Goodbye Net Neutrality; Hello Competition

Goodbye Net Neutrality; Hello Competition, by Jeffrey Tucker.

At long last, with the end of “net neutrality,” competition could soon come to the industry that delivers Internet services to you. You might be able to pick among a range of packages, some minimalist and some maximalist, depending on how you use the service. Or you could choose a package that charges based only on what you consume, rather than sharing fees with everyone else.

Internet socialism is dead; long live market forces.

With market-based pricing finally permitted, we could see new entrants to the industry because it might make economic sense for the first time to innovate. The growing competition will lead, over the long run, to innovation and falling prices. Consumers will find themselves in the driver’s seat rather than crawling and begging for service and paying whatever the provider demands. …

Net neutrality was a misleading sham intended to empower the big current providers at our expense:

The old rules pushed by the Obama administration had locked down the industry with regulation that only helped incumbent service providers and major content delivery services. They called it a triumph of “free expression and democratic principles.” It was anything but. It was actually a power grab. It created an Internet communication cartel not unlike the way the banking system works under the Federal Reserve.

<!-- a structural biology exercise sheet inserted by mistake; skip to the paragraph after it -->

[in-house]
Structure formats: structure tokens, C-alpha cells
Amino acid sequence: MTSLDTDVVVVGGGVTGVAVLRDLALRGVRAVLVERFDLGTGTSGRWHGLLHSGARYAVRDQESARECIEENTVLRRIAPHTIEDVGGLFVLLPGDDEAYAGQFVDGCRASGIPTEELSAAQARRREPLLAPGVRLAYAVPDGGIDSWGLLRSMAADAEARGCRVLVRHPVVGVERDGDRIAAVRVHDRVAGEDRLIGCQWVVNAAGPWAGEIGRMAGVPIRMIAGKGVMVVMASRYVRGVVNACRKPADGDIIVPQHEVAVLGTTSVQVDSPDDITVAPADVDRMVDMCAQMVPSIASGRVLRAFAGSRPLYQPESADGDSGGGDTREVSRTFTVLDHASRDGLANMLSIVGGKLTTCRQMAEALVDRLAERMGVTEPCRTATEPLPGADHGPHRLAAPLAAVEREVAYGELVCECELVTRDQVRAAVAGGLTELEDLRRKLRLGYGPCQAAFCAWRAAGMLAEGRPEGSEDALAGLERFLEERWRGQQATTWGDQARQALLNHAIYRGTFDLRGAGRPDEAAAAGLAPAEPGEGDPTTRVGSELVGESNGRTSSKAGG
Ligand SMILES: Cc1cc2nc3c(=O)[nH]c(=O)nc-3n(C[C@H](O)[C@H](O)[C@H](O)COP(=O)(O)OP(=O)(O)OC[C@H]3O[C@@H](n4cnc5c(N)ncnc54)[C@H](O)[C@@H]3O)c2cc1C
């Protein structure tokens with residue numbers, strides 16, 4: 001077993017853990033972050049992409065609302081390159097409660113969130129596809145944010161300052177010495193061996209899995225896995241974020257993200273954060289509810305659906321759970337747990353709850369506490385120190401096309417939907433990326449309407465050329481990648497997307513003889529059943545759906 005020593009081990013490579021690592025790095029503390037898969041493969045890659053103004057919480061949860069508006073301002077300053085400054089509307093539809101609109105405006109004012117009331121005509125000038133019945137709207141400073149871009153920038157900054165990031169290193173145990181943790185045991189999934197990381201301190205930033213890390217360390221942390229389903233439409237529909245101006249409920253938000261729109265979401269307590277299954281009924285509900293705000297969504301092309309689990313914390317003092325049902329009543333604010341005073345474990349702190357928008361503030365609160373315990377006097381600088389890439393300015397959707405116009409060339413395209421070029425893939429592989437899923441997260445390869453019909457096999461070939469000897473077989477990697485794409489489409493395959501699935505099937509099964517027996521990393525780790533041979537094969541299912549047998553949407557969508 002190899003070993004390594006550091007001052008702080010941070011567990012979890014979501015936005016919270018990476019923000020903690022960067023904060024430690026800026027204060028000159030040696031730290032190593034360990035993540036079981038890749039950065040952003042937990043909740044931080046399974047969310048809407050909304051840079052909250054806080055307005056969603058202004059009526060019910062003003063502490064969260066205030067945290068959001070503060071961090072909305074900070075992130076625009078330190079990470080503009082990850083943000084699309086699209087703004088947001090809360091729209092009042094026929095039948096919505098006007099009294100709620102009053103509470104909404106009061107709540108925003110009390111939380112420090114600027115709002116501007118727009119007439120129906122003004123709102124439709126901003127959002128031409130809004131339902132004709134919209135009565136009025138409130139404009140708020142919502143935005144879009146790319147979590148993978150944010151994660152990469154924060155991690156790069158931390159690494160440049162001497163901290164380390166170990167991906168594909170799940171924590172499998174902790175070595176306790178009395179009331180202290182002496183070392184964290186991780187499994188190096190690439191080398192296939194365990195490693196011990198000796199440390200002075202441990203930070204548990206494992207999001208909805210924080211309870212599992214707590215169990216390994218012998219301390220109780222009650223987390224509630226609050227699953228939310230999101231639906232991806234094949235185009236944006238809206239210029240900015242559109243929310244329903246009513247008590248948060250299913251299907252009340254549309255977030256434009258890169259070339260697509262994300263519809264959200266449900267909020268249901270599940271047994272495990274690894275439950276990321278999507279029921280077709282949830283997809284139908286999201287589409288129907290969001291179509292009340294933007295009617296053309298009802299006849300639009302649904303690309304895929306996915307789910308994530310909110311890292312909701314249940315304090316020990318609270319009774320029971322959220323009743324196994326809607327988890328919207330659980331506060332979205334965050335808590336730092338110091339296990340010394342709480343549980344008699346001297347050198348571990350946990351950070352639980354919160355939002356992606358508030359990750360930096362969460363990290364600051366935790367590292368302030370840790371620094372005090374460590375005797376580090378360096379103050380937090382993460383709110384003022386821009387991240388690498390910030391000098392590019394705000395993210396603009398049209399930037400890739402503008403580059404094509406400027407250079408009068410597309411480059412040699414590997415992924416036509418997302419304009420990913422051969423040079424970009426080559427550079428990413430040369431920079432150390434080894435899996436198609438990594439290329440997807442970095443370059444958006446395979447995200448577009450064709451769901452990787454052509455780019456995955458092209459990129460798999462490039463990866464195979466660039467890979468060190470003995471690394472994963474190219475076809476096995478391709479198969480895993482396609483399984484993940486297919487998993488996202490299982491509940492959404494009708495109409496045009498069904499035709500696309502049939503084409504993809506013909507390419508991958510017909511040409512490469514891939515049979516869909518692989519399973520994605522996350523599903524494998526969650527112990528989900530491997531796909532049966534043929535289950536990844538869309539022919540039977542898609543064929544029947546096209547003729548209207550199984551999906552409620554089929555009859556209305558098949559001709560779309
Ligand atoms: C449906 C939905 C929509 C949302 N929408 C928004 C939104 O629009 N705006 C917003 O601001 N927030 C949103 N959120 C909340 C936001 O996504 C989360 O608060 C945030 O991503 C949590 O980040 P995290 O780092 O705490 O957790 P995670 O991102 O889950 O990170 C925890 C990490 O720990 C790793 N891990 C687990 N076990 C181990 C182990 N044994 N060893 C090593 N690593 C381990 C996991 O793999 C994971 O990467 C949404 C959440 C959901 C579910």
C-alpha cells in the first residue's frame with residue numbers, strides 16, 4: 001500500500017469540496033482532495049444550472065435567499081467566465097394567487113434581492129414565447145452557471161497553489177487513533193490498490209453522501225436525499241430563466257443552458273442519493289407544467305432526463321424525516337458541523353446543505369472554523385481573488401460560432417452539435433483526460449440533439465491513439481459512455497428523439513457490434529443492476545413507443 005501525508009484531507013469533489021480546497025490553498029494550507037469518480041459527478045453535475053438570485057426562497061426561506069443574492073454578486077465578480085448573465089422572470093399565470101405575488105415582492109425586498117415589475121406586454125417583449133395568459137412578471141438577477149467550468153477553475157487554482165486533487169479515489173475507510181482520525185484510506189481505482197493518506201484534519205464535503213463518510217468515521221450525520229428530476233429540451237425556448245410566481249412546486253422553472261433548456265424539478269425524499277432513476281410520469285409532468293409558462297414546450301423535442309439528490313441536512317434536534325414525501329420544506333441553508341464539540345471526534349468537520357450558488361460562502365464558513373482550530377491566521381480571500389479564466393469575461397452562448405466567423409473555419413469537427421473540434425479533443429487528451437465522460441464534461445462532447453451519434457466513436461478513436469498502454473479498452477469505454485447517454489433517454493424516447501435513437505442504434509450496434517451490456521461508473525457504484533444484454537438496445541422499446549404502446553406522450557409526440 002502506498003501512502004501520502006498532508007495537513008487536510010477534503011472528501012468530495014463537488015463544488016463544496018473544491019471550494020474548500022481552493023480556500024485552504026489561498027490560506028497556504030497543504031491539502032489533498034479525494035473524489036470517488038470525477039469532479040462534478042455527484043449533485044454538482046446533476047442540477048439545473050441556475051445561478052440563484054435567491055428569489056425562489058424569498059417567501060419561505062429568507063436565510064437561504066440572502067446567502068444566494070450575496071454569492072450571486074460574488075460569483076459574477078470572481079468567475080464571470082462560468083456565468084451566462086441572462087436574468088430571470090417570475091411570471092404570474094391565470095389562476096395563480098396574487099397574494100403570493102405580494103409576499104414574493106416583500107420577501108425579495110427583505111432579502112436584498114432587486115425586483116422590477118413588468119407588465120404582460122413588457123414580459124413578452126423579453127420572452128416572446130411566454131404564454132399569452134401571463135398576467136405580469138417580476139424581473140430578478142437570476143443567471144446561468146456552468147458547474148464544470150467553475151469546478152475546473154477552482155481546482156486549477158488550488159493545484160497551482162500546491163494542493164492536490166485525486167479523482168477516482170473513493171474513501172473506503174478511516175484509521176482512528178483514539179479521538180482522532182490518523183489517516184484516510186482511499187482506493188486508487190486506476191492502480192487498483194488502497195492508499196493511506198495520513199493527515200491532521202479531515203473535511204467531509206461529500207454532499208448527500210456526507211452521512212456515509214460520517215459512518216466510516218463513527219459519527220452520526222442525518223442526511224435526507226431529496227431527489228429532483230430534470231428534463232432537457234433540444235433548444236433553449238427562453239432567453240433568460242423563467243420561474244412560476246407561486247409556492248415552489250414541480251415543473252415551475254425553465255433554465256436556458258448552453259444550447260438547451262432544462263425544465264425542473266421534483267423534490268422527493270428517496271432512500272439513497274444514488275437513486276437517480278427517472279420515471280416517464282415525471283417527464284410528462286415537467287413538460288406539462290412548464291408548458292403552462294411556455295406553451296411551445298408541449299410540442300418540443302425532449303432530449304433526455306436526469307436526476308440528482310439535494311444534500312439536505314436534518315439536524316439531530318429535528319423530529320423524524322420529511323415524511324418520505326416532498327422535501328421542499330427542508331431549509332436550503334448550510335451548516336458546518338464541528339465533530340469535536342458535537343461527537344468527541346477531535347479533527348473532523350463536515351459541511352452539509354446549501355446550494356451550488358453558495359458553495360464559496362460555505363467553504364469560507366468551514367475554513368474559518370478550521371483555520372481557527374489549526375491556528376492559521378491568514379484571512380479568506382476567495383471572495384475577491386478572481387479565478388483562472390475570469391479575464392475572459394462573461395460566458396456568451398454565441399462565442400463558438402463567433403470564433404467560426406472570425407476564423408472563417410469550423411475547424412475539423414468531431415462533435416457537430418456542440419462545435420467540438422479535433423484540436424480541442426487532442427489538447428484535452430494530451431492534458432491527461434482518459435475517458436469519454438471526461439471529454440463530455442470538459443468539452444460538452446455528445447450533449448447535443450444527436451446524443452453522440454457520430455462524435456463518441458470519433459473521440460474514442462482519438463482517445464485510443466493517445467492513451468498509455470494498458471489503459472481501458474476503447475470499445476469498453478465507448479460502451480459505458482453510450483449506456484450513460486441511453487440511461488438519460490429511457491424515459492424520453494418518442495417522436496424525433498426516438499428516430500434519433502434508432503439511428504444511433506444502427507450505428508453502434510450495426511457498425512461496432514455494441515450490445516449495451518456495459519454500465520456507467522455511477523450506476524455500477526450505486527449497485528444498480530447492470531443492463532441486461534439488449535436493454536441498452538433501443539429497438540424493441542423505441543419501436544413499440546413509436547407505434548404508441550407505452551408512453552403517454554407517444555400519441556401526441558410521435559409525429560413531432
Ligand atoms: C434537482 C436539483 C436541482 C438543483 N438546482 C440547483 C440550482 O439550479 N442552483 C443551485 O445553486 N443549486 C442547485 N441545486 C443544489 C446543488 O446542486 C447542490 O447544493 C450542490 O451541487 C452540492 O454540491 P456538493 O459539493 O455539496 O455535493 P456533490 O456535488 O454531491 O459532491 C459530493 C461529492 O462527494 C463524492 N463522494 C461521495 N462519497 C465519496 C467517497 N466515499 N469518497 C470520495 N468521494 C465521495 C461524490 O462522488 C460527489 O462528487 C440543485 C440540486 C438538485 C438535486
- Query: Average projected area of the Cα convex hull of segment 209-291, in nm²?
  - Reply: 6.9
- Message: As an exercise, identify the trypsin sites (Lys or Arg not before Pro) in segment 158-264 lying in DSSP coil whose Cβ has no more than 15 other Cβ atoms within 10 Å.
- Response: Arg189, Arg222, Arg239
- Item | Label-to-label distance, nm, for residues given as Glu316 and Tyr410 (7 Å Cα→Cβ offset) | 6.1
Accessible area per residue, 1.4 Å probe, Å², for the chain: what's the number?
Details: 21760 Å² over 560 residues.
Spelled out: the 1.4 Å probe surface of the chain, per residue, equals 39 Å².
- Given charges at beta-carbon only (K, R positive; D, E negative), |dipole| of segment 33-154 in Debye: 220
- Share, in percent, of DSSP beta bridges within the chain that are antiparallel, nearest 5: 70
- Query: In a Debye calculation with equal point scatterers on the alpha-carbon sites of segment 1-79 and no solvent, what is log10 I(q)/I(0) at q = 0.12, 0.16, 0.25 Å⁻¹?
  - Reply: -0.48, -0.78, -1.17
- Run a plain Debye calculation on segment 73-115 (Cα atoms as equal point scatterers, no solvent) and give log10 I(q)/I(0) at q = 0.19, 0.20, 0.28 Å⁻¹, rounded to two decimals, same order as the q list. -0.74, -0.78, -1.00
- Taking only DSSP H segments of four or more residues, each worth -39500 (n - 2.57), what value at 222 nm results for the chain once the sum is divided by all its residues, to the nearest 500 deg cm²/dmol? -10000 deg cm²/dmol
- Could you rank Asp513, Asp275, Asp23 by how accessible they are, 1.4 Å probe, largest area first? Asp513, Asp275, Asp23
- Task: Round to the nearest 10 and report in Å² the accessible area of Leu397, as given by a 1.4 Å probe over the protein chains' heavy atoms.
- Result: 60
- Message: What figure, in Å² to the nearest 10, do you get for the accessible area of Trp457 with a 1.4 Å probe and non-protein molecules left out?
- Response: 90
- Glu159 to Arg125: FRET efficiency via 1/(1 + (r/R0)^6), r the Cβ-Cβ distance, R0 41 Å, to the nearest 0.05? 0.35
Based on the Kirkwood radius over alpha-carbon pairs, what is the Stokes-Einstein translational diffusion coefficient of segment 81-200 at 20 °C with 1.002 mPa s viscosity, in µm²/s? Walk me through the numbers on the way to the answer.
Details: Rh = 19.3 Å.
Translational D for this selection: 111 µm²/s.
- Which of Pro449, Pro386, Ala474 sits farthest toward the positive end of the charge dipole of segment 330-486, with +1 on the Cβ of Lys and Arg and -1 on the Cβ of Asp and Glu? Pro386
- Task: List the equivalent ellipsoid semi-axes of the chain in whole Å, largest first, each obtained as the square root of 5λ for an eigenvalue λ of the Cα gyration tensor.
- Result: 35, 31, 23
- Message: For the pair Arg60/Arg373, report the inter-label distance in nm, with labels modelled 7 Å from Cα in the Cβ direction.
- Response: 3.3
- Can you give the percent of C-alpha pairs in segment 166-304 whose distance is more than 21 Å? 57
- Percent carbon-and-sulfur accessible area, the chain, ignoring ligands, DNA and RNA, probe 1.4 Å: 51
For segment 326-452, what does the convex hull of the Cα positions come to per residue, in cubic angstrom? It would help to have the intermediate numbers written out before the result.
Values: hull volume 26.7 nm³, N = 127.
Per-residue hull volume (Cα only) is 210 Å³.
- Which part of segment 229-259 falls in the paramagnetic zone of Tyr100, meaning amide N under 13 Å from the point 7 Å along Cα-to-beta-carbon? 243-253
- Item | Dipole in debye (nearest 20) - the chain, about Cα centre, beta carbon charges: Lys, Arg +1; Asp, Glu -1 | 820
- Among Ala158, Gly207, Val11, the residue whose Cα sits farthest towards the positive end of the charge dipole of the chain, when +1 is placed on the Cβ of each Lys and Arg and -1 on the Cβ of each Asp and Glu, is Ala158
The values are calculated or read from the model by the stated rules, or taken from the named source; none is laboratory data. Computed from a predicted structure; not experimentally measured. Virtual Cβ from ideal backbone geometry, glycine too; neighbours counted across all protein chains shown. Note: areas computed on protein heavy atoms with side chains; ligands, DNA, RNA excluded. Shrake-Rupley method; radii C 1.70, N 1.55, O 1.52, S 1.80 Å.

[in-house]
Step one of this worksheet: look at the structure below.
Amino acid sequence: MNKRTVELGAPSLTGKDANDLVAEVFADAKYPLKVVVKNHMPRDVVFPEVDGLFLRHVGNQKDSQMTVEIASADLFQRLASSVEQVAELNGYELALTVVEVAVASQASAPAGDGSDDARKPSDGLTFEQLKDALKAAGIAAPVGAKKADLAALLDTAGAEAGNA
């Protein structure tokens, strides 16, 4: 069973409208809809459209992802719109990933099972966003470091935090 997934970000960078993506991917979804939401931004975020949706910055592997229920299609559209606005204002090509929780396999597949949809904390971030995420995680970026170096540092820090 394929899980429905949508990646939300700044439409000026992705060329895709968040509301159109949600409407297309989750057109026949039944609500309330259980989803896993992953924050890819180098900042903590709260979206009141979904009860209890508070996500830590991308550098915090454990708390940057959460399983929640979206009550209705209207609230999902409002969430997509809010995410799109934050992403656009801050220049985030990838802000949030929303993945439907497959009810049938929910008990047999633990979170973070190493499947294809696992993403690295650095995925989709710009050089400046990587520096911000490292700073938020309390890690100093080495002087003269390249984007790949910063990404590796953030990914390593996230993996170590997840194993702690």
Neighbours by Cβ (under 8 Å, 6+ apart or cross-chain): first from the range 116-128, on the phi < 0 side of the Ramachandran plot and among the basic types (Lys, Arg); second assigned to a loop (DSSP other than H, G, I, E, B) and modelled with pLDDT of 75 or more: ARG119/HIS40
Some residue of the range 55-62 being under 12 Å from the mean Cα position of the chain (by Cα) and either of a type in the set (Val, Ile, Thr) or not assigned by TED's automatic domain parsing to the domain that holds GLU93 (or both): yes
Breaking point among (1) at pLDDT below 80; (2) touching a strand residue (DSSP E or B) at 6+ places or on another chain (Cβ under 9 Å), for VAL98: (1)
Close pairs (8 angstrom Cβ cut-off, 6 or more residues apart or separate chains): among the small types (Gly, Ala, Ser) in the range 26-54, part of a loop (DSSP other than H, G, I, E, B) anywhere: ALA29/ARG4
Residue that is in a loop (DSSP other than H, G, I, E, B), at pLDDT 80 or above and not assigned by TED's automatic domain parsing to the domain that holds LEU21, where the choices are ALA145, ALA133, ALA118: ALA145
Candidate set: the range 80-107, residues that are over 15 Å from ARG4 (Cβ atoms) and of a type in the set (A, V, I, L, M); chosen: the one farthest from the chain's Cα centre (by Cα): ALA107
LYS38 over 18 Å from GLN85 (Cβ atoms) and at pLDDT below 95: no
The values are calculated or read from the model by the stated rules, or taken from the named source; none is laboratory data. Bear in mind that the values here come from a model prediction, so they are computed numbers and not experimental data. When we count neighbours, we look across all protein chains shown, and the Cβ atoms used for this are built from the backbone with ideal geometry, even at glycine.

Net Neutrality had the backing of all the top names in content delivery, from Google to Yahoo to Netflix to Amazon. …

The public at large should have been rising up in opposition, but people were largely ignorant of what was going on with net neutrality. Consumers imagined that they would get censorship-free access and low prices. That’s not what happened. …

Here’s what’s was really going on with net neutrality. The incumbent rulers of the world’s most exciting technology decided to lock down the prevailing market conditions to protect themselves against rising upstarts in a fast-changing market. The imposition of a rule against throttling content or using the market price system to allocate bandwidth resources protects against innovations that would disrupt the status quo.

Net neutrality closed down market competition by generally putting government and its corporate backers in charge. For established firms, a rule like net neutrality can raise the costs of doing business, but there is a wonderful upside to this: your future potential competitors face the same costs. You are in a much better position to absorb higher costs than those barking at your heels. This means that you can slow down development, cool it on your investments in fiber optics, and generally rest on your laurels more. …

It erected barriers to entry for upstart firms while hugely subsidizing the largest and most well-heeled content providers.

The sale of net neutrality was deceptive:

It was like all government regulation: most of the costs were unseen, and the benefits were concentrated in the hands of the ruling class. …

The end of net neutrality is the best single deregulatory initiative yet taken by the Trump administration.

hat-tip Matthew